Mystery girl in new National Portrait Gallery Show
Scandal '63 draws together portraits associated with The Profumo Affair, including a sketch of a mysterious witness
The British political scandal of 1963 hastened the decline of the country's conservative government and signaled the rise of a more licentious, liberal society. At its centre lay Secretary of State for War, John Profumo, who had embarked on a brief affair with the nightclub hostess Christine Keeler two years earlier, despite Profumo being married and Keeler's involvement with the senior Russian naval attaché Yevgeny Ivanov. Any likelihood of British secrets being passed from Profumo to the Russians always seemed slim, yet this hot mix of bigamy, official denials, and libertine pool parties in the British countryside proved irresistible for British press and public.
To mark the event's 50th anniversary, The National Portrait Gallery has assembled a collection of portraits, press photos, newspaper cartoons and promotional movie material, all drawn from the event and its subsequent coverage into a new show called Scandal '63: The Fiftieth Anniversary of the Profumo Affair.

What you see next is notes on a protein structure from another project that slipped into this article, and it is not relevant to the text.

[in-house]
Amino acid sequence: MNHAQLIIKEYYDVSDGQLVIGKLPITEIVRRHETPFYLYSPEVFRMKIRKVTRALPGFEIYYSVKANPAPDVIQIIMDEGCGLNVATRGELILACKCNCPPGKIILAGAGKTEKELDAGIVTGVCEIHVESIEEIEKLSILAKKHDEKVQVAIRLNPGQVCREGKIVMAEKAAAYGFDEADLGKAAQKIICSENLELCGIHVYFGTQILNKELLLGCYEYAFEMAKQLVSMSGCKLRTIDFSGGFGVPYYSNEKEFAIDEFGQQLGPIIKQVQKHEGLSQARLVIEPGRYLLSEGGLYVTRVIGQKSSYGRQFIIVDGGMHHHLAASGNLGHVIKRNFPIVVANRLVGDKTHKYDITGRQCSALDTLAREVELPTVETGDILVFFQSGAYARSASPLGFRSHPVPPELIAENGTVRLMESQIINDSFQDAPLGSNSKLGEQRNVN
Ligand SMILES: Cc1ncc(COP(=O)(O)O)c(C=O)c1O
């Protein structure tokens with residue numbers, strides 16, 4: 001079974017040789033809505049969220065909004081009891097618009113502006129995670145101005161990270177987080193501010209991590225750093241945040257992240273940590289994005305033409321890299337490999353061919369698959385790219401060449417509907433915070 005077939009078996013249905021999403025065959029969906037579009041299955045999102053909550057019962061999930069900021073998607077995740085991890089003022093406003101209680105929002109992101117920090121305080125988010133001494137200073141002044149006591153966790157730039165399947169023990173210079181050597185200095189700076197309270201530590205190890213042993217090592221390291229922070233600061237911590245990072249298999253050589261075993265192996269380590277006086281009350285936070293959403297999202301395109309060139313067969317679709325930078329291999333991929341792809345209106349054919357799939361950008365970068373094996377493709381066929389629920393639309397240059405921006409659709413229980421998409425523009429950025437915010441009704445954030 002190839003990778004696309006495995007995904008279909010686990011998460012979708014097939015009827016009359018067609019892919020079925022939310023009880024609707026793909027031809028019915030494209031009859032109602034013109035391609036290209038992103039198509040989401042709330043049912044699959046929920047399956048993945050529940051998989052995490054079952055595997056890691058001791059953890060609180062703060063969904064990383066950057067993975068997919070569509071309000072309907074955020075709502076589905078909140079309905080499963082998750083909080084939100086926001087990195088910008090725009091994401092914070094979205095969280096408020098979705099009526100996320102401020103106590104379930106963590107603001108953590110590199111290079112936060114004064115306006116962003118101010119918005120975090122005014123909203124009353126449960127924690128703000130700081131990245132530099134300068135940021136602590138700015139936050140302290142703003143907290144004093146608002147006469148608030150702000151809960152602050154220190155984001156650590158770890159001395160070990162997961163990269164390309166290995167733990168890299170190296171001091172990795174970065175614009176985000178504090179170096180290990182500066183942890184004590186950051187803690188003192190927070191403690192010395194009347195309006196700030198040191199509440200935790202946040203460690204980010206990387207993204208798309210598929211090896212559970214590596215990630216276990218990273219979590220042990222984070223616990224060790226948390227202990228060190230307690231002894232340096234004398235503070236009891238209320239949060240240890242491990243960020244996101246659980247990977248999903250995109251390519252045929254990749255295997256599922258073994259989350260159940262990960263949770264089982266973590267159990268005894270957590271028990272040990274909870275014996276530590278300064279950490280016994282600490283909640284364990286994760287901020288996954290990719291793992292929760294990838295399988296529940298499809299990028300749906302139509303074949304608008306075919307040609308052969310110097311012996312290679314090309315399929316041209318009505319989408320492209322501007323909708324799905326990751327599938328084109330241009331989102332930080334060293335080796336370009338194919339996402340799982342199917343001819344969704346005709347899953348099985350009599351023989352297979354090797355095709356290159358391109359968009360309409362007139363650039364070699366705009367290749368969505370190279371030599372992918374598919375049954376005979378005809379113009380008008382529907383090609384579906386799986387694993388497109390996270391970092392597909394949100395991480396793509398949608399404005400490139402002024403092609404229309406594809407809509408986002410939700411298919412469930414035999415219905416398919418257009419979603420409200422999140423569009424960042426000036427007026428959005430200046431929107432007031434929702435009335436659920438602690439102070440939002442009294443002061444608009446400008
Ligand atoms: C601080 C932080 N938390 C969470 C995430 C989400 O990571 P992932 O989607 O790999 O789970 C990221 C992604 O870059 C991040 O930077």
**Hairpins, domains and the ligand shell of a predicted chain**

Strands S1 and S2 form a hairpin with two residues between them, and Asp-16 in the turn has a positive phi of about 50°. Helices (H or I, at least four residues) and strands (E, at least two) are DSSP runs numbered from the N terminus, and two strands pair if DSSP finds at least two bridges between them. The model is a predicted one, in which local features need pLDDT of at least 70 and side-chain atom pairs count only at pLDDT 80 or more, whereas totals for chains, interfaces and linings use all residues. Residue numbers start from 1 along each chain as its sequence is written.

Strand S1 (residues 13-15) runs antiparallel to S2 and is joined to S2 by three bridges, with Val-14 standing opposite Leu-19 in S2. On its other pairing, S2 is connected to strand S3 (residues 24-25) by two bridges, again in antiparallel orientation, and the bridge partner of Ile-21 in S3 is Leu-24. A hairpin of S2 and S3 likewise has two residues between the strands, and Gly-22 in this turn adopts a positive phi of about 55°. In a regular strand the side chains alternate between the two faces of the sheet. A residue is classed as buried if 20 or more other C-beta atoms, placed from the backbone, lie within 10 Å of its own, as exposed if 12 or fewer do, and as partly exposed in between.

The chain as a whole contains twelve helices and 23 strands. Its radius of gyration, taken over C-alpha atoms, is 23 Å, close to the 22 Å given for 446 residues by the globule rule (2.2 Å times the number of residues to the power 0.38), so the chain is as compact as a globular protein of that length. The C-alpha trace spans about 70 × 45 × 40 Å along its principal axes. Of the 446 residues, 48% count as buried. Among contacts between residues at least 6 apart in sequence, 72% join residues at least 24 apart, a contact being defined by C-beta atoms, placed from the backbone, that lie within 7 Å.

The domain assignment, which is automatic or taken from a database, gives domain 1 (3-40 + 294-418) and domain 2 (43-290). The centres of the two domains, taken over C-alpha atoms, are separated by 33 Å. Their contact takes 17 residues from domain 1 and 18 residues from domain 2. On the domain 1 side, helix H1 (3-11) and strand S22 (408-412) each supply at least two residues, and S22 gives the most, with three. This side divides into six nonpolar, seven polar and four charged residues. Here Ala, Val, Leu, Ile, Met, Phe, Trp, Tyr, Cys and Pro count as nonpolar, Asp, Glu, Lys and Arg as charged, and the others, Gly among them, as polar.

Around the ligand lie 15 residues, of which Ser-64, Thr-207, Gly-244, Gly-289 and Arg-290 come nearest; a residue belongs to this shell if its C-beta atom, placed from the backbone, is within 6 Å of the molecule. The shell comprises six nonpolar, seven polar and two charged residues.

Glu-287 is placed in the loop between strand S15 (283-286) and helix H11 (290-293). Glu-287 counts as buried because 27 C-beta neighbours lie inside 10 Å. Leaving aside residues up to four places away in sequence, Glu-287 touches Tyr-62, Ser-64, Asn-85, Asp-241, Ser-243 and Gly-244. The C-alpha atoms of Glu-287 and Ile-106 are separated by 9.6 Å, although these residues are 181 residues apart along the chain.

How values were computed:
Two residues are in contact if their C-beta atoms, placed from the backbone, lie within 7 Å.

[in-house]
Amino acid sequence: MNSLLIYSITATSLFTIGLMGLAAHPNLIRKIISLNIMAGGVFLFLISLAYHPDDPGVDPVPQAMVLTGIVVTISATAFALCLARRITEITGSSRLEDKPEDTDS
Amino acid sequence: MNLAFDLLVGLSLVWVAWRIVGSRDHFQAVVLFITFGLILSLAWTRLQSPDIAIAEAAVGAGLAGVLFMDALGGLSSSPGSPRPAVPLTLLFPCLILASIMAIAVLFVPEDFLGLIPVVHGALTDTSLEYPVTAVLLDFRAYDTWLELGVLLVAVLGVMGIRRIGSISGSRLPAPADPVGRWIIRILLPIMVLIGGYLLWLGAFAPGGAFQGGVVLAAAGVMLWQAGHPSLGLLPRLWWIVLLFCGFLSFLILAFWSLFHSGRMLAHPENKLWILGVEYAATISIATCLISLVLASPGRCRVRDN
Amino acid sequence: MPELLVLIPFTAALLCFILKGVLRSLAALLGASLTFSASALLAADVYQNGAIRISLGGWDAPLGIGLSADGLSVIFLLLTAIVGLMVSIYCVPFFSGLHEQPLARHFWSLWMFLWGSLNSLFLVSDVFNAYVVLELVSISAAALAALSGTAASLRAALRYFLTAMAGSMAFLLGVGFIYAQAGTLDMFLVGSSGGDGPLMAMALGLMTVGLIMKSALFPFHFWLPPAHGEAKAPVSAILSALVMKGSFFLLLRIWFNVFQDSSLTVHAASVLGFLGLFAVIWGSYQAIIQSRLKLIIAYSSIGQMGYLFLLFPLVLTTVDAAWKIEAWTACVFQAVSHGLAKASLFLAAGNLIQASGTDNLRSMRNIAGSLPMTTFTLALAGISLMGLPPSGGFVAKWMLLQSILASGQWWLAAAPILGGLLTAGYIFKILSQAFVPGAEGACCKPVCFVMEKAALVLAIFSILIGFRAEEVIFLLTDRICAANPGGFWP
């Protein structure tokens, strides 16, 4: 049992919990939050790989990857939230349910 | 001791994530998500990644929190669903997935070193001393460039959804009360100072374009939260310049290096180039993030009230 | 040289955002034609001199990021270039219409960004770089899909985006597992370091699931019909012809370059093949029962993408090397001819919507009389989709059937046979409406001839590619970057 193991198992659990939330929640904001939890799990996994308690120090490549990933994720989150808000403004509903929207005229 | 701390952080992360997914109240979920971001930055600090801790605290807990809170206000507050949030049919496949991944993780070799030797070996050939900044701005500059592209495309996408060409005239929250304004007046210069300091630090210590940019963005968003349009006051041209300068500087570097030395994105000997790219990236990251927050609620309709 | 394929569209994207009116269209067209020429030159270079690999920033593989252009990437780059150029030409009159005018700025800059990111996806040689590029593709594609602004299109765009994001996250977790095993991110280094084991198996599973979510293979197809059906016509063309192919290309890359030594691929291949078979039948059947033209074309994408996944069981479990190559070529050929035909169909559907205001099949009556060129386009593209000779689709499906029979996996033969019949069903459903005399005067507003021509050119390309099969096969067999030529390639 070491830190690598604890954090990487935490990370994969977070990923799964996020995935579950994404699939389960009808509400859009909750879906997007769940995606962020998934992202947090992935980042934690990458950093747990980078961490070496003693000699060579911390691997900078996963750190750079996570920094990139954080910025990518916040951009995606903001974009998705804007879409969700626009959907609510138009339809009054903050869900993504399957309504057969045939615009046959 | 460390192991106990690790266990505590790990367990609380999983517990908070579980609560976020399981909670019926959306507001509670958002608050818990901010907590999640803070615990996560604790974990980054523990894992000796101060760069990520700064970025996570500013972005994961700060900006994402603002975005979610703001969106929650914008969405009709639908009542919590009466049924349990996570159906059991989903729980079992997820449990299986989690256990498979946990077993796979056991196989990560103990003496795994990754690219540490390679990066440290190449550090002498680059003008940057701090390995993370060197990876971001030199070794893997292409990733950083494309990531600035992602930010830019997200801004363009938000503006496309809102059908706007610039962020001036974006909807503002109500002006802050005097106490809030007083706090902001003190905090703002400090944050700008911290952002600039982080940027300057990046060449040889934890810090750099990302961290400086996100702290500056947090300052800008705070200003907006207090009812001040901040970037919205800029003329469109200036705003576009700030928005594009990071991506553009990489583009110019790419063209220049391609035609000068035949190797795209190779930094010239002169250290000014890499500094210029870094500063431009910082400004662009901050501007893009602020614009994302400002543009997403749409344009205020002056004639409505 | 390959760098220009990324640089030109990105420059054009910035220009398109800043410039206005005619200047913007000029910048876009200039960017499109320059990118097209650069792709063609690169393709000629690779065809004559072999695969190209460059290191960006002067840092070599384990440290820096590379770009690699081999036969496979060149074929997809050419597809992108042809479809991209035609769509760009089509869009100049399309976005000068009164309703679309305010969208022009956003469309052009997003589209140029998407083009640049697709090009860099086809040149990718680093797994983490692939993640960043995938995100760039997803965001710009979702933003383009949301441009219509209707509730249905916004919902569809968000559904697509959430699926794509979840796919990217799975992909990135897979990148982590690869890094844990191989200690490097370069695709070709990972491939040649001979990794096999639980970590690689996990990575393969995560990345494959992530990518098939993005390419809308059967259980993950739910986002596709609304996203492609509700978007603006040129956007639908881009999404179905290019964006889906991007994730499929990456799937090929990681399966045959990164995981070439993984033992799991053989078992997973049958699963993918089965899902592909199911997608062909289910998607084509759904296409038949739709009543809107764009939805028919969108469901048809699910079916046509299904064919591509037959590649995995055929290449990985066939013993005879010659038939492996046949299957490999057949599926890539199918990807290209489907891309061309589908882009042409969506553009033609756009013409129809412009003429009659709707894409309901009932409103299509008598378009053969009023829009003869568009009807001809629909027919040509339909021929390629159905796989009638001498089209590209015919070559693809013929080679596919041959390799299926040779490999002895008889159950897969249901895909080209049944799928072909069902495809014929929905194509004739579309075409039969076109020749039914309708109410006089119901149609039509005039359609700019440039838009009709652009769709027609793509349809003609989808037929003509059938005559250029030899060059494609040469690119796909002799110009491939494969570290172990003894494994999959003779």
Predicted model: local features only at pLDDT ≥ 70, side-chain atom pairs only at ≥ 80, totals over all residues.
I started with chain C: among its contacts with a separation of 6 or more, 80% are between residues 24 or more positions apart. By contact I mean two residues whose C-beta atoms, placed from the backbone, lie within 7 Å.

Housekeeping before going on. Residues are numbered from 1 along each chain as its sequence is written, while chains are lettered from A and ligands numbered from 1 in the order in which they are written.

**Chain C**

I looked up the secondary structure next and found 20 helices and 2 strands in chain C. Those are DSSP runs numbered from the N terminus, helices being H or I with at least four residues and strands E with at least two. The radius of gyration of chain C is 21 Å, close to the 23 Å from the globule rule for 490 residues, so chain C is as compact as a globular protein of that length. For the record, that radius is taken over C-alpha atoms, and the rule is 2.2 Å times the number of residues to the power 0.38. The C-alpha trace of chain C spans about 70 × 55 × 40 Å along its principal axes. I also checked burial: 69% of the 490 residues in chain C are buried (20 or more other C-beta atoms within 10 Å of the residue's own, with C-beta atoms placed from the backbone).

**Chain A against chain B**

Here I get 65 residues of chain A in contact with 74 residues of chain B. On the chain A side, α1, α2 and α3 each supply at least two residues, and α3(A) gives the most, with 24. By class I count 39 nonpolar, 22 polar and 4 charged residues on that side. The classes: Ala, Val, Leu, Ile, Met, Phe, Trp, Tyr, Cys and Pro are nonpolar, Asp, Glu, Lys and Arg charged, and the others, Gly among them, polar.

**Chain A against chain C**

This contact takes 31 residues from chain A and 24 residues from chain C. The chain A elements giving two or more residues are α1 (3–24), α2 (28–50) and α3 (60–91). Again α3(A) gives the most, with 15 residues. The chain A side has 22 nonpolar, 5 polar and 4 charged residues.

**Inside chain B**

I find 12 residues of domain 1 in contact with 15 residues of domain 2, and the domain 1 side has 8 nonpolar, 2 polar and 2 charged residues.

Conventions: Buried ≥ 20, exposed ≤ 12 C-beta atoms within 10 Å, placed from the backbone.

There, is, of course, the well-known Lewis Morley photograph of Chrstine Keeler astride a (fake, as it turned out) Arne Jacobsen Series 7 chair. However, lesser-known works on show for the first time at the gallery, portray a mysterious face. The drawing is by Stephen Ward, amateur artist and high-society osteopath, who first introduced Profumo to Keeler at the Clivedon, a British country estate in July 1961.
On the front of this pastel piece, there's a portrait of Keeler. Yet on the reverse is a similar drawing of a short-haired, full lipped girl. A note from Keeler dated 3 March 1975 states "I don't know who the girl on the back is - she is somebody we just picked up at a bus-stop."
This account tallies with a passage in Keeler's memoir, Scandal!, which describes she and Ward picking up a girl from a bus-stop on their way to a party at Cliveden. Ward committed suicide in 1963, while on trail for 'living off the immoral earnings' of Keeler and others. However, The Times and other newspapers have likened Ward's drawing to an unnamed witness, dubbed Miss X, who testified against Ward in his trial.
Whether the exhibition will uncover the identity of Ward's sitter is unclear. Yet the exhibition, opening today and running until 15 September, illuminates an interesting passage in recent British history, in a novel, and intriguing way.
To find our more, go to The National Portrait Gallery's site. For more on this story, go here. If you know who Miss X is, please get in touch. And for further great images from the 20th century, consider our Century book which draws together the images that shaped modern history. And, if the chair intrigues you as much as the young lady on it, check out Design Classics and A Taxonomy of Office Chairs.